My Eyes Are Always Bloodshot: Can You Help?

When you’ve spent a long day breaking down information on a digital screen, you might expect tired, dry eyes; and a quick look in the mirror will likely show the red that often accompanies that feeling. Occasional bloodshot eyes happen to virtually everyone, due to a wide range of causes including overuse, allergies, and more. 

Persistent red eye is another matter. Usually, a change of conditions or a good night of sleep is enough to relieve both the irritation and coloration. If your eyes are always bloodshot, something else is likely amiss. 

To get to the bottom of your problem quickly, make a visit to Accent Vision Specialists in Santa Fe, New Mexico. Their optometric physicians specialize in red eye conditions, so they can examine, diagnose, and treat your eyes to restore their normal, white appearance. 

Behind the redness

“Bloodshot” is an appropriate description since, when your eyes are red, it’s usually due to the dilation of blood vessels in the conjunctiva, the normally white part of your eyes. In most cases, red eyes are accompanied by mild symptoms, feelings of irritation, dryness, or a light burning sensation. It’s usually below the level of what most people consider to be pain, even though it can be annoying and distracting. 

Reasons for redness

One of the most common reasons for persistent redness is irritation due to allergens. These substances create conditions to which your eyes react with histamine, the chemical that causes the dilation of surface blood vessels in the conjunctiva. Usually, a histamine reaction is short-lived, but continued exposure to an allergen could keep your eyes bloodshot for an extended time. 

If you suffer from seasonal allergies, take a look at the calendar and pollen levels when you’re experiencing daily red eyes. It’s possible for your eyes to react even if your other allergy symptoms are held in check by allergy shots or over-the-counter medications. Other eye irritants include:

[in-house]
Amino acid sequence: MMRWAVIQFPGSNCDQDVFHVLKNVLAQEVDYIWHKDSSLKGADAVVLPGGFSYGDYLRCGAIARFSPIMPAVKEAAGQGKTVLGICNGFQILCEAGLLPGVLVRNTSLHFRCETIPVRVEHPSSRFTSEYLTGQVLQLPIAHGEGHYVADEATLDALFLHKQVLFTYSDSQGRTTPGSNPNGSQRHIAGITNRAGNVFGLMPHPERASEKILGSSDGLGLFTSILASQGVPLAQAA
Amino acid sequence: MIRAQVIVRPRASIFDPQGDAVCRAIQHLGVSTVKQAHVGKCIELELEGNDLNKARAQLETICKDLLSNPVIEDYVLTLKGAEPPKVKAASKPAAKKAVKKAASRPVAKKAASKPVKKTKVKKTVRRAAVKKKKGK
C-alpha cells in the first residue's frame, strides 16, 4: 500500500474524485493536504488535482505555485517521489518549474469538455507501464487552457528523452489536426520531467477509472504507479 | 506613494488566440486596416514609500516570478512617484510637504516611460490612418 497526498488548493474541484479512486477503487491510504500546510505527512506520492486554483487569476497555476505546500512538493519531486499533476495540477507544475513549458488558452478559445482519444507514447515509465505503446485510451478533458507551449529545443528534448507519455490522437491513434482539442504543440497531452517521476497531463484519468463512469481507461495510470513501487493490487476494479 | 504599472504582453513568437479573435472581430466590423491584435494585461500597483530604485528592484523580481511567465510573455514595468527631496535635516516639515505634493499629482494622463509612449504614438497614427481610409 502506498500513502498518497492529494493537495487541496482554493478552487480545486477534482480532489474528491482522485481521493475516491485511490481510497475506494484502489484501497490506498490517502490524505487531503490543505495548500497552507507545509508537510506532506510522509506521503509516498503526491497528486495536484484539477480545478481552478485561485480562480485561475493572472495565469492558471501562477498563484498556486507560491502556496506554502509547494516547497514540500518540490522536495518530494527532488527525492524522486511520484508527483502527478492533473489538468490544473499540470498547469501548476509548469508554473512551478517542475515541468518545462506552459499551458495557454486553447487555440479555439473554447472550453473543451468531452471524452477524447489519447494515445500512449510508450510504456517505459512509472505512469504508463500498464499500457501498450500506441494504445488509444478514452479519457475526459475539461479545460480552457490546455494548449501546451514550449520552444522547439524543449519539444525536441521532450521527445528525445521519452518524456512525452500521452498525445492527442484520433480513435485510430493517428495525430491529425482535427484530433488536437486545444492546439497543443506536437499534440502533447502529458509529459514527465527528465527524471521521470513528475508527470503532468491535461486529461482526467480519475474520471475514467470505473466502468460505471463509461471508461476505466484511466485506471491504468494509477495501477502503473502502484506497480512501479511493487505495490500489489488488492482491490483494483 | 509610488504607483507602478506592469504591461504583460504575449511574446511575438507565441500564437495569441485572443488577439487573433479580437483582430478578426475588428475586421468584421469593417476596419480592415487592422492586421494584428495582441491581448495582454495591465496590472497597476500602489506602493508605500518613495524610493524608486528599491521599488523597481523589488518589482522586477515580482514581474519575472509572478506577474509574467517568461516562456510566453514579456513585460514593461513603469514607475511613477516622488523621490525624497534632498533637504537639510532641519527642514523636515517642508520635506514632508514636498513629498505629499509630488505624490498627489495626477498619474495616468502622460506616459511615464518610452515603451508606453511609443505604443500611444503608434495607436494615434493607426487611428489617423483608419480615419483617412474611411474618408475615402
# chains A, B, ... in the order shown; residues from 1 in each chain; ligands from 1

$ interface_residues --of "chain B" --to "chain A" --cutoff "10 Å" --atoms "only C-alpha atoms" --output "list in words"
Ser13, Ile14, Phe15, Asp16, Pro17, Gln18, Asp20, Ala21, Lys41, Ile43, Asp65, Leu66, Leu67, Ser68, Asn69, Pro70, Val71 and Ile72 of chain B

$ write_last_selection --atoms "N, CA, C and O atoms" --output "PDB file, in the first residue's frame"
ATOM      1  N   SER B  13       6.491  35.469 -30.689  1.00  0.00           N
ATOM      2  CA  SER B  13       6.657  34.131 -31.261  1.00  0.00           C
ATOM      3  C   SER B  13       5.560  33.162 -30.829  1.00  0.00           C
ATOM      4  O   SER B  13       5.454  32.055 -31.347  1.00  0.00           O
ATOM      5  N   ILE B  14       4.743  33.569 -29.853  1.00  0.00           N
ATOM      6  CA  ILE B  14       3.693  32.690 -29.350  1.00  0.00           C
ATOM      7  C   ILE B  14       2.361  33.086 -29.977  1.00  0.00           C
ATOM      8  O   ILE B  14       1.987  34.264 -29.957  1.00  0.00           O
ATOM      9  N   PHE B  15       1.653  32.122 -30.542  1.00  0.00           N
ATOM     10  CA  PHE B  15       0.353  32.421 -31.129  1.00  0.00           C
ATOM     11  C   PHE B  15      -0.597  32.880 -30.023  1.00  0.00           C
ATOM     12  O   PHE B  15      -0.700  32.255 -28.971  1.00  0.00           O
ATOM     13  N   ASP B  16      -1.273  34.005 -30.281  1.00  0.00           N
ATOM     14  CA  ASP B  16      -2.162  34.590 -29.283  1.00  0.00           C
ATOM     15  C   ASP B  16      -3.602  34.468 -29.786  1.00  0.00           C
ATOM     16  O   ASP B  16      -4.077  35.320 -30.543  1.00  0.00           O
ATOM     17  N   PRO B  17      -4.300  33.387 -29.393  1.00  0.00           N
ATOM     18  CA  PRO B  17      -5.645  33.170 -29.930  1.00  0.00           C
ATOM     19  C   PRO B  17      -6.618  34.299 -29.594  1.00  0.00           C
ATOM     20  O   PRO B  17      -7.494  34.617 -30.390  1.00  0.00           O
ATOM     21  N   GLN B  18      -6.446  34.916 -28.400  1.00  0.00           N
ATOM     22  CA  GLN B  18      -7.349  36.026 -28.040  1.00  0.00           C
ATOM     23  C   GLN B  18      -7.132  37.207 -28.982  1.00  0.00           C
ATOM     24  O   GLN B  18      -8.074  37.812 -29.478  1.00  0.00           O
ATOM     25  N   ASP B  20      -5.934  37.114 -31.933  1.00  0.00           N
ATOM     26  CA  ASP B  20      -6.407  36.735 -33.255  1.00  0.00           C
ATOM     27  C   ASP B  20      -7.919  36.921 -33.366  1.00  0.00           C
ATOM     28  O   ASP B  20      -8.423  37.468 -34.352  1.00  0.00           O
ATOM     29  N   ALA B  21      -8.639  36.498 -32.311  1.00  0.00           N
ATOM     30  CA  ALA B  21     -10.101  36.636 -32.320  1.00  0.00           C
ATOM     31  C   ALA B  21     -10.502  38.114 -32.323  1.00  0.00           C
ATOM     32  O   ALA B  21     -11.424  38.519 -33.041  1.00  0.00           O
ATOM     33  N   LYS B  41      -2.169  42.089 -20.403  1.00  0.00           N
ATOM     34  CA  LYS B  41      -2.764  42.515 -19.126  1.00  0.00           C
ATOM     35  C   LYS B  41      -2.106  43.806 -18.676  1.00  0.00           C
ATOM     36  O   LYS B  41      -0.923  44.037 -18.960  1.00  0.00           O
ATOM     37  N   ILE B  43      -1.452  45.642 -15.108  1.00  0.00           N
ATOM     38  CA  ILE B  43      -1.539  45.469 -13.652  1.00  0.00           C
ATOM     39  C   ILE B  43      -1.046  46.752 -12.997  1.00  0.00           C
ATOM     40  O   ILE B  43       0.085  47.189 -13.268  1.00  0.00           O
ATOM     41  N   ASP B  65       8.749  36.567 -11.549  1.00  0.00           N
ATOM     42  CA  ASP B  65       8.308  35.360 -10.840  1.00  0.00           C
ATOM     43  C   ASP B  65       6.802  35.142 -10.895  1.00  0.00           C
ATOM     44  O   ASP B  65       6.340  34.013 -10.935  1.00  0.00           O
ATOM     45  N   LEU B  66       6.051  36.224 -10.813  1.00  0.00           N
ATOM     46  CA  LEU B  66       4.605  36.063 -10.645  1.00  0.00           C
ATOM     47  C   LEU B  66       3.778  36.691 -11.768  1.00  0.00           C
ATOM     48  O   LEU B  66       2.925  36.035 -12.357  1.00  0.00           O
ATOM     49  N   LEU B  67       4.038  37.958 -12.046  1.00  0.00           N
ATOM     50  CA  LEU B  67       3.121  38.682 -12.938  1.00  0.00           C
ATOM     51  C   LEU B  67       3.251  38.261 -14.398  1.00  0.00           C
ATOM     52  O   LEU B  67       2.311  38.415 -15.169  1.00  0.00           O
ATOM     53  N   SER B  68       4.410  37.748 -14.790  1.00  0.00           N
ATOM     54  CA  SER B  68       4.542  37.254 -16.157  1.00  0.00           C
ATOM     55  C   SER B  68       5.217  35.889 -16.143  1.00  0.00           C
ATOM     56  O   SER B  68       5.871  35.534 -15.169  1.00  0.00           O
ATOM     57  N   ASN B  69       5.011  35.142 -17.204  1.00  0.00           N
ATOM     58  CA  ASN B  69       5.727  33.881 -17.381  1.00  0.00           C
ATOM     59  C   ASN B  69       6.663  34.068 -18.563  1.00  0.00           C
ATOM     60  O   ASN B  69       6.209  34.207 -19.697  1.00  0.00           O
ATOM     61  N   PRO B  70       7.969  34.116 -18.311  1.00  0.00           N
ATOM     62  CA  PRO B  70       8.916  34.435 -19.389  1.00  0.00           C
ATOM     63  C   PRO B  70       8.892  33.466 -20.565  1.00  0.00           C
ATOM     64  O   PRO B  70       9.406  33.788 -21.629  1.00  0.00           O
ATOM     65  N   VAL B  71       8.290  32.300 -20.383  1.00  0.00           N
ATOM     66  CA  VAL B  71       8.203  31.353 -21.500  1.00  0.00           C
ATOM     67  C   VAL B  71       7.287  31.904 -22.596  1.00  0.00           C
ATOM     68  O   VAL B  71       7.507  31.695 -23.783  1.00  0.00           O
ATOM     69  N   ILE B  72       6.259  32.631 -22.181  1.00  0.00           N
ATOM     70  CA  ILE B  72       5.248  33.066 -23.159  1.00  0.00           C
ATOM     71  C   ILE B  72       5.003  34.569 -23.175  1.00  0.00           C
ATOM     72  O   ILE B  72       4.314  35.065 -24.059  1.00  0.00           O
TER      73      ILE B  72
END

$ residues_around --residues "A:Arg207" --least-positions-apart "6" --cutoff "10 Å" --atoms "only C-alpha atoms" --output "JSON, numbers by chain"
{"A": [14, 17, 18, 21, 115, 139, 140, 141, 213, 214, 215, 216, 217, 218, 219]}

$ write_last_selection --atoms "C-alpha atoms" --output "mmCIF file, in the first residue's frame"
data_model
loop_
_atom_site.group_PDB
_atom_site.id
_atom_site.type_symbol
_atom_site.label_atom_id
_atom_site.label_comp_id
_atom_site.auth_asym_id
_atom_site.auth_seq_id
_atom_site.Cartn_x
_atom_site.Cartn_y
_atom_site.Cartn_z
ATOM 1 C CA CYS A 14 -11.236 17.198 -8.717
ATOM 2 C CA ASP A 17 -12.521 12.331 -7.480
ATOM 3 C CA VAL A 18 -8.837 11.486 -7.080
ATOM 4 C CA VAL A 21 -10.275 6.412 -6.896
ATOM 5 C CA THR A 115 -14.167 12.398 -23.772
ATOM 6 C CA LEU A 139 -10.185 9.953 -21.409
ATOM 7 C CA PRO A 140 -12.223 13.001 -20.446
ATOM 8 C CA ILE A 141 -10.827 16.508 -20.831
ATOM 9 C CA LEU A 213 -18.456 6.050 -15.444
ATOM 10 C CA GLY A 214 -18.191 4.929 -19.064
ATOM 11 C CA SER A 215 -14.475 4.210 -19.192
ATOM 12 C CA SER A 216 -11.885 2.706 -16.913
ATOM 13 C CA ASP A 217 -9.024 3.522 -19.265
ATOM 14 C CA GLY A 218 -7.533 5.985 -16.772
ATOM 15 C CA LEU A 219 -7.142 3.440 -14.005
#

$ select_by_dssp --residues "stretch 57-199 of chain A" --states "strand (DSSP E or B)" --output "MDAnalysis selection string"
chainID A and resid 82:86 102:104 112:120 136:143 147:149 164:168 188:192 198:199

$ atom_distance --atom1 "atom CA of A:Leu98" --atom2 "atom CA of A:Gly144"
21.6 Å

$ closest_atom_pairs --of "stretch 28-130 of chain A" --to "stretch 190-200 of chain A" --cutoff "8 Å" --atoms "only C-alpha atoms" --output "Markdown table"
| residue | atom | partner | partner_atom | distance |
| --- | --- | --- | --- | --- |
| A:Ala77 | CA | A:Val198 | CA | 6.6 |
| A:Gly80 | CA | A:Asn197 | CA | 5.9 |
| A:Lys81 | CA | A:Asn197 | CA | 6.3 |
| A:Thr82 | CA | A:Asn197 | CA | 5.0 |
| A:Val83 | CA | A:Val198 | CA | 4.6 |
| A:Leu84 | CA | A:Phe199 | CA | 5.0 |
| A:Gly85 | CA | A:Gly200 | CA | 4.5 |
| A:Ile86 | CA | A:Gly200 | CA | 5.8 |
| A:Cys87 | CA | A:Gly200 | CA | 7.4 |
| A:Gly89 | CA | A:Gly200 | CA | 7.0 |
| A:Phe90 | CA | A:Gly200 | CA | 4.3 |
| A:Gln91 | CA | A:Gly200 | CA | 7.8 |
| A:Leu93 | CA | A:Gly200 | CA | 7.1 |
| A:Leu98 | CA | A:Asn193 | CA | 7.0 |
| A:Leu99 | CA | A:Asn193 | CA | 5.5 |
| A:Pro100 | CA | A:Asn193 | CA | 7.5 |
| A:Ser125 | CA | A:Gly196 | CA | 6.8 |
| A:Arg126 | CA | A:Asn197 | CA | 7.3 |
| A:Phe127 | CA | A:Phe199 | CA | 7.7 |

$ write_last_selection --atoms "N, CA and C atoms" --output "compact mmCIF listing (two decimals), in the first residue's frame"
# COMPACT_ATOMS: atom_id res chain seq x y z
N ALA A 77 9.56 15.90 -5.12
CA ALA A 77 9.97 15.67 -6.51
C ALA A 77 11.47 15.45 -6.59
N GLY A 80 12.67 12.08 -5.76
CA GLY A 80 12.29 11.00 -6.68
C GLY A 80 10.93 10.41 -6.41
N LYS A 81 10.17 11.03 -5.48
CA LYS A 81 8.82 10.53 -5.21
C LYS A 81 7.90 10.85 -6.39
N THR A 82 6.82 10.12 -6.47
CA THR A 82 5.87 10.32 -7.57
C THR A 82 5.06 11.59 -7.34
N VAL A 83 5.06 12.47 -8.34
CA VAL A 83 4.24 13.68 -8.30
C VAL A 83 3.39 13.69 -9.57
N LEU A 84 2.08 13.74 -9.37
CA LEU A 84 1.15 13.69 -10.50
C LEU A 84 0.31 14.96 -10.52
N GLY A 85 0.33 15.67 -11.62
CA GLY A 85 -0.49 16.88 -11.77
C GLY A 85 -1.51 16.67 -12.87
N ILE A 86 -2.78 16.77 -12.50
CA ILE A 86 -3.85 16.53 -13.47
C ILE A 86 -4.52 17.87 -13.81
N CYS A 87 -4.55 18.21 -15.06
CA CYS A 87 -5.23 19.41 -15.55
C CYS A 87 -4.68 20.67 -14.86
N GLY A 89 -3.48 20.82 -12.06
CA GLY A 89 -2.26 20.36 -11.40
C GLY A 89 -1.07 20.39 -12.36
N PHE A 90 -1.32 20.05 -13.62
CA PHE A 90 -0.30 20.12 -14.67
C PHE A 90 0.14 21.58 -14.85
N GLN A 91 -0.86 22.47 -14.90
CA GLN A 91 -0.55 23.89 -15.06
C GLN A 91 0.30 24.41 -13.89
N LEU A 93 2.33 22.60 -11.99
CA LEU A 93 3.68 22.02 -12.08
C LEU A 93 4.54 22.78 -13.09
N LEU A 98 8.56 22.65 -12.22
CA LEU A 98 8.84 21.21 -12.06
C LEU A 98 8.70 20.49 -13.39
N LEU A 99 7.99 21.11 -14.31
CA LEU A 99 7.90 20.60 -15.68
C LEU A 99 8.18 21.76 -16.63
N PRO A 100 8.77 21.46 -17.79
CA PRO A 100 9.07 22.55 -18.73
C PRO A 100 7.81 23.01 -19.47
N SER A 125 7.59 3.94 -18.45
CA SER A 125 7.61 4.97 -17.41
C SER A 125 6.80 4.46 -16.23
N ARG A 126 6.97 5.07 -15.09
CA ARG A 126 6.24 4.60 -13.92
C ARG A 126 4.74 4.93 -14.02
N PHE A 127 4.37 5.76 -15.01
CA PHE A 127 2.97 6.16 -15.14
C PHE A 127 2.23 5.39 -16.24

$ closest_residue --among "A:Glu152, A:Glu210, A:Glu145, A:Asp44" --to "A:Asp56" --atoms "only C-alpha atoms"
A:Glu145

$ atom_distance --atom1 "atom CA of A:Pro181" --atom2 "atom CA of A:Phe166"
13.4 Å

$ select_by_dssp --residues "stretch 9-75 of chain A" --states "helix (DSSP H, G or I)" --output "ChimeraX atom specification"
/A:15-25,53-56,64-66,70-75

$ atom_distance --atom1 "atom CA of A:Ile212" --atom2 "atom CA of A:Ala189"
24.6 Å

If you can reduce your exposure to suspected eye irritants, you may be able to stop the histamine response and break the bloodshot cycle. 

Causes for concern

Usually, there are clues when your redness is due to something more than an allergen. Pain is one such clue, and vision change is another. If you have eye redness combined with either of these symptoms, it’s time to contact Accent Vision Specialists for an evaluation. 

Swelling around your eyes accompanied by discharge likely indicates an infection, such as conjunctivitis, better known as pink eye. It’s a contagious condition caused by a viral or bacterial infection. 

If you wear contact lenses and have low-level irritation that doesn’t pass, this may be another situation that requires an eye specialist’s intervention. 

Accent Vision Specialists is Santa Fe’s dry eye center, so when your red eyes feel gritty, it’s also time to arrange an appointment.

Chances are, there’s a simple solution to your bloodshot dilemma, but it never hurts to err on the side of caution where your vision is concerned. Contact us by phone or online to book an exam today. 

You Might Also Enjoy...

I Have Keratoconus: Can I Still Wear Contact Lenses?

Your cornea — the clear dome at the front of your eye — can thin and change shape, a condition called keratoconus. Depending on the stage of its progression, you may be able to wear contact lenses for both vision correction and condition treatment.

When Does an Eye Issue Need an Urgent Care Visit?

Any situation that affects your vision and eyes can be unsettling. After all, you count on your eyesight to get you through each day. Recognizing when eye problems need urgent attention may be easier than you think.

The Link Between Dry Eyes and Rosacea

Many people recognize rosacea as a skin condition of the face, resulting in mottled, reddish skin tone and the appearance of spider veins. Fewer people are aware that rosacea can affect your eyes, and it’s sometimes the first symptom of the disease.

My Eyes Are Pink and Swollen: What Should I Do?

When your eyes become pink and swollen, you most likely have conjunctivitis, more commonly known as pink eye. Often, pink eye will pass within 10 days with simple home care. Here’s what you need to know.